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Portal:Bristol

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Bristol (/ˈbrɪstəl/ (About this sound listen)) is a city, unitary authority and county in South West England with an estimated population of 437,500 in 2014. People from the city are known as Bristolians. It is England's sixth and the United Kingdom's eighth most populous city, and the second most populous city in Southern England after London.

Iron Age hill forts and Roman villas were built in the area around the confluence of the Rivers Frome and Avon, and it became known as Brycgstow (Old English "the place at the bridge") around the beginning of the 11th century. Bristol received a royal charter in 1155 and was part of Gloucestershire until 1373, when it became a county. From the 13th to the 18th century, Bristol was among the top three English cities after London (with York and Norwich) in tax receipts. Bristol was eclipsed by the rapid rise of Manchester, Liverpool and Birmingham during the Industrial Revolution. It borders the counties of Somerset and Gloucestershire, with the historic cities of Bath and Gloucester to the southeast and northeast, respectively. The city has a short coastline on the Severn Estuary (which flows into the Bristol Channel).

Bristol's prosperity has been linked with the sea since its earliest days. Around 1500, it was the base for voyages of exploration to the New World: on a ship out of Bristol, John Cabot was the first European, since the Vikings 500 years earlier, to land in North America in 1497; and William Weston, a Bristol merchant, was the first Englishman to lead an exploration to North America, in 1499. The Port of Bristol was originally in the city centre before commercial shipping moved from Bristol Harbour to the Severn Estuary at Avonmouth. Royal Portbury Dock is on the western edge of the city. Its economy has recently depended on the creative media, electronics and aerospace industries, and the city-centre docks have been redeveloped as centres of heritage and culture. The city has two universities and a variety of artistic and sporting organisations and venues. In 2005, Bristol was named by the UK government one of England's six science cities. It is connected with the surrounding region and the rest of the country by road and rail, including the M5 and M4 (which connect to the city centre by the M32 motorway and Bristol Temple Meads and Bristol Parkway railway stations). Bristol, which was named England's first cycling city in 2008, won the European Green Capital Award in 2015. more about Bristol...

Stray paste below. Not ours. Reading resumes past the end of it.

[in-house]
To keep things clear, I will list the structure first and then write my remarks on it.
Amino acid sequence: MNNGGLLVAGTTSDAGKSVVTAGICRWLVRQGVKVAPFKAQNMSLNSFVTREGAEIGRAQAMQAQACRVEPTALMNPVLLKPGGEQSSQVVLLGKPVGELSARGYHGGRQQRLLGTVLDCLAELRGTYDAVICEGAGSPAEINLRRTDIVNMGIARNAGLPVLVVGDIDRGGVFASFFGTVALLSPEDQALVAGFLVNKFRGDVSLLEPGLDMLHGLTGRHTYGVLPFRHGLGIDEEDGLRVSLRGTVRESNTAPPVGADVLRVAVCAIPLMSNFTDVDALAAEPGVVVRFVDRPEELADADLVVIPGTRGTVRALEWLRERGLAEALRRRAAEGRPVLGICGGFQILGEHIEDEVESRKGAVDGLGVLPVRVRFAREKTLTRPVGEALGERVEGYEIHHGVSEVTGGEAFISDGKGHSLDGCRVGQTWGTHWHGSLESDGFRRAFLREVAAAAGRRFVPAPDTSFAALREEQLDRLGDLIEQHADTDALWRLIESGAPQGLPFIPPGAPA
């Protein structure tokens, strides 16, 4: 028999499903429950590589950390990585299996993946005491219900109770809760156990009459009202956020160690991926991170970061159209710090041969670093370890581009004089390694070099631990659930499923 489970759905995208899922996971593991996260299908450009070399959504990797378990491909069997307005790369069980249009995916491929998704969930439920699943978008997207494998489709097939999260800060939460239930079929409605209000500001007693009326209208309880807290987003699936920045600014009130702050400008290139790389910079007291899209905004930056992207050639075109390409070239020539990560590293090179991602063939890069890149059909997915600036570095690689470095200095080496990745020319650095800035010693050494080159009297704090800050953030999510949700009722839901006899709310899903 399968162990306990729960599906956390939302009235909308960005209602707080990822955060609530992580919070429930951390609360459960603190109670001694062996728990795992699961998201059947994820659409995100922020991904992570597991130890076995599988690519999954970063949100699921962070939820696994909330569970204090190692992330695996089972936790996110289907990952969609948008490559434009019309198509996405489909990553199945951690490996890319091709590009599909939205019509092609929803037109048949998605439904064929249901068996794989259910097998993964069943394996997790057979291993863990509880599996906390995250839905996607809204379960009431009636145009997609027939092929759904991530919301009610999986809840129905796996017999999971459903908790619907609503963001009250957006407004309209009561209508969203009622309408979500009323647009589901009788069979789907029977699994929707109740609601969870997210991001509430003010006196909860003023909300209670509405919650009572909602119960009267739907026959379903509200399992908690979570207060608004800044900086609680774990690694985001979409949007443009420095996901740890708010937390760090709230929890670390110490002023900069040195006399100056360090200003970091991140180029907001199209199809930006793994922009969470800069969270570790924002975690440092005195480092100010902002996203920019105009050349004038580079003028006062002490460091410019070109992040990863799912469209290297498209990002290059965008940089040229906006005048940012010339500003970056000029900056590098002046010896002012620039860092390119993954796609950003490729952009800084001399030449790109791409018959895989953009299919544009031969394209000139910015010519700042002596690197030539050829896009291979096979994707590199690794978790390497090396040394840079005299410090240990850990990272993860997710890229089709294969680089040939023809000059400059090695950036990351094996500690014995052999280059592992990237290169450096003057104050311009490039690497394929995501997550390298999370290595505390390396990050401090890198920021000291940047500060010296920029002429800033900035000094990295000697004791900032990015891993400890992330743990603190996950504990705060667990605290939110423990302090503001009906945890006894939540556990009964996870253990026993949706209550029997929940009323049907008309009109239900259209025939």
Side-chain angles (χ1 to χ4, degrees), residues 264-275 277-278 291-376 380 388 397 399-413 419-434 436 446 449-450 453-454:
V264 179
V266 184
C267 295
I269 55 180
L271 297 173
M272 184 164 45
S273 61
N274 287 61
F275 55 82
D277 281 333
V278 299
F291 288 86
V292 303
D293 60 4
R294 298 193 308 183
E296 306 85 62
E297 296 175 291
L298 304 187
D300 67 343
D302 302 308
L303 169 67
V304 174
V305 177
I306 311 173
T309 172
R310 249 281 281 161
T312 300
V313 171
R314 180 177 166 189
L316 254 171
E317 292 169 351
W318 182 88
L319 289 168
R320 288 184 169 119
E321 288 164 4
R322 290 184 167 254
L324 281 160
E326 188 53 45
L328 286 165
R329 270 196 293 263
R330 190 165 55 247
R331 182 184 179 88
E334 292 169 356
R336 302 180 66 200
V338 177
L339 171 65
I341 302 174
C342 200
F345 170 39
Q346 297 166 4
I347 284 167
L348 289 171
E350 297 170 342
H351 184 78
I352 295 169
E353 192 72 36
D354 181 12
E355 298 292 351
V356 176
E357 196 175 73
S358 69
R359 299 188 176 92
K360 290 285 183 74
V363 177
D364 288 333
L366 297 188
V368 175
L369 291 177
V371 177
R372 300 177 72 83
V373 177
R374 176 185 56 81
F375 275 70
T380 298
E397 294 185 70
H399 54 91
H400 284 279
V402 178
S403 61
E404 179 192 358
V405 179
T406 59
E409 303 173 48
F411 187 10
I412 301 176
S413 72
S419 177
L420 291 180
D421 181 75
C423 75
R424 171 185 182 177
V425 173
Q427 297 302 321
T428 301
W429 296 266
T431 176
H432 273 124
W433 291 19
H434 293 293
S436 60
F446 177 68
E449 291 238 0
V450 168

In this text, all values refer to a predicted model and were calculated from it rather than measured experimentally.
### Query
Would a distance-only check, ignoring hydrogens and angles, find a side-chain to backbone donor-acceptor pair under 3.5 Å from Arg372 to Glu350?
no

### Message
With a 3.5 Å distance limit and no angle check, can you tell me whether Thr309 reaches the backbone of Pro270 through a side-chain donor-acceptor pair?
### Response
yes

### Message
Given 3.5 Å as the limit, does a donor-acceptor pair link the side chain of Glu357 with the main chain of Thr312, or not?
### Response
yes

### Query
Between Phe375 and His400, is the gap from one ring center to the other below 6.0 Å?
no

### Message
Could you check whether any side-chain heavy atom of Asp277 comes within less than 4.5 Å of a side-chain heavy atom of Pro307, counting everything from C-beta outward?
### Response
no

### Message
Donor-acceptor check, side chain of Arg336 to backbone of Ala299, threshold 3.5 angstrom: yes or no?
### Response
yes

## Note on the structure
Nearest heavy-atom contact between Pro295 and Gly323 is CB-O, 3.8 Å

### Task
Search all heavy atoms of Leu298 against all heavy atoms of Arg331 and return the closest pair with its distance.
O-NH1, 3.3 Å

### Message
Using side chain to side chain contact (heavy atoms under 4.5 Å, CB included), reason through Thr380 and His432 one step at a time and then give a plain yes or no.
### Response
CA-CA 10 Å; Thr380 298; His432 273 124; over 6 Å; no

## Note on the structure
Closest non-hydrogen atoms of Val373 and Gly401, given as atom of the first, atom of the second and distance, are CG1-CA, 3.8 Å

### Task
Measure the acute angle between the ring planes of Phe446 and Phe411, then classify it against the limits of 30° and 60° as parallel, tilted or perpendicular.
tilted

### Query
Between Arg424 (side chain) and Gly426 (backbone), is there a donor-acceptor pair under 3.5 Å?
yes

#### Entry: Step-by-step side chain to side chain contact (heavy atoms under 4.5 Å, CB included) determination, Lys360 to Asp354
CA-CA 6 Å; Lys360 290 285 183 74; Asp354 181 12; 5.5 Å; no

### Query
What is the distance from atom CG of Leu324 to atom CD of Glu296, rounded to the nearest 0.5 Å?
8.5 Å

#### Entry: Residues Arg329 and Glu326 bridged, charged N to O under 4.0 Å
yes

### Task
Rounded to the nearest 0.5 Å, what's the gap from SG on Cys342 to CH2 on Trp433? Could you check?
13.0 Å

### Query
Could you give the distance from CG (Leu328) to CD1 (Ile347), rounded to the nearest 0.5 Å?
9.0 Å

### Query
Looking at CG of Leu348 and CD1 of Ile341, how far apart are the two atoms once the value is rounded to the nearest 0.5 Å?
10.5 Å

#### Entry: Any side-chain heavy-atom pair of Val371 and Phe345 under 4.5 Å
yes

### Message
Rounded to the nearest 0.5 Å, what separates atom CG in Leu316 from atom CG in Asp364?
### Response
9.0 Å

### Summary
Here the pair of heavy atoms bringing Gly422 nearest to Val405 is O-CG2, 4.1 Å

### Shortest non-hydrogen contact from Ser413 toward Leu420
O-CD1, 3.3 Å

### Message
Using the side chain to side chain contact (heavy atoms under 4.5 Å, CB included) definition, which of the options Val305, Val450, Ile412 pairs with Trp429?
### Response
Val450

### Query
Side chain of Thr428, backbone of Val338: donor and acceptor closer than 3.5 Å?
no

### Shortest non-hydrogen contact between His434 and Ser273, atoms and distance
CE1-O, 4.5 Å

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Joanna Clare Yeates (19 April 1985 – 17 December 2010) was a landscape architect from Hampshire, England, who went missing on 17 December 2010 in Bristol after an evening out with colleagues. Following a highly publicised appeal for information on her whereabouts and intensive police enquiries, her body was discovered on 25 December 2010 in Failand, North Somerset. A post-mortem examination determined that she had been strangled. The case dominated news coverage in the United Kingdom around the Christmas period. Rewards amounting to £60,000 were offered for information leading to those responsible for Yeates' death. The police initially suspected and arrested Christopher Jefferies, Yeates' landlord, who lived in a flat in the same building. He was subsequently released without charge.

Vincent Tabak, a 32-year-old Dutch engineer and neighbour of Yeates, was arrested on 20 January 2011. Media attention at the time centred on the filming of a re-enactment of her disappearance for the BBC's programme, Crimewatch. After two days of questioning, Tabak was charged on with Yeates' murder. On 5 May 2011, he pleaded guilty to Yeates' manslaughter, but denied murdering her. He was found guilty of murder on 28 October 2011, and sentenced to life imprisonment with a minimum term of 20 years.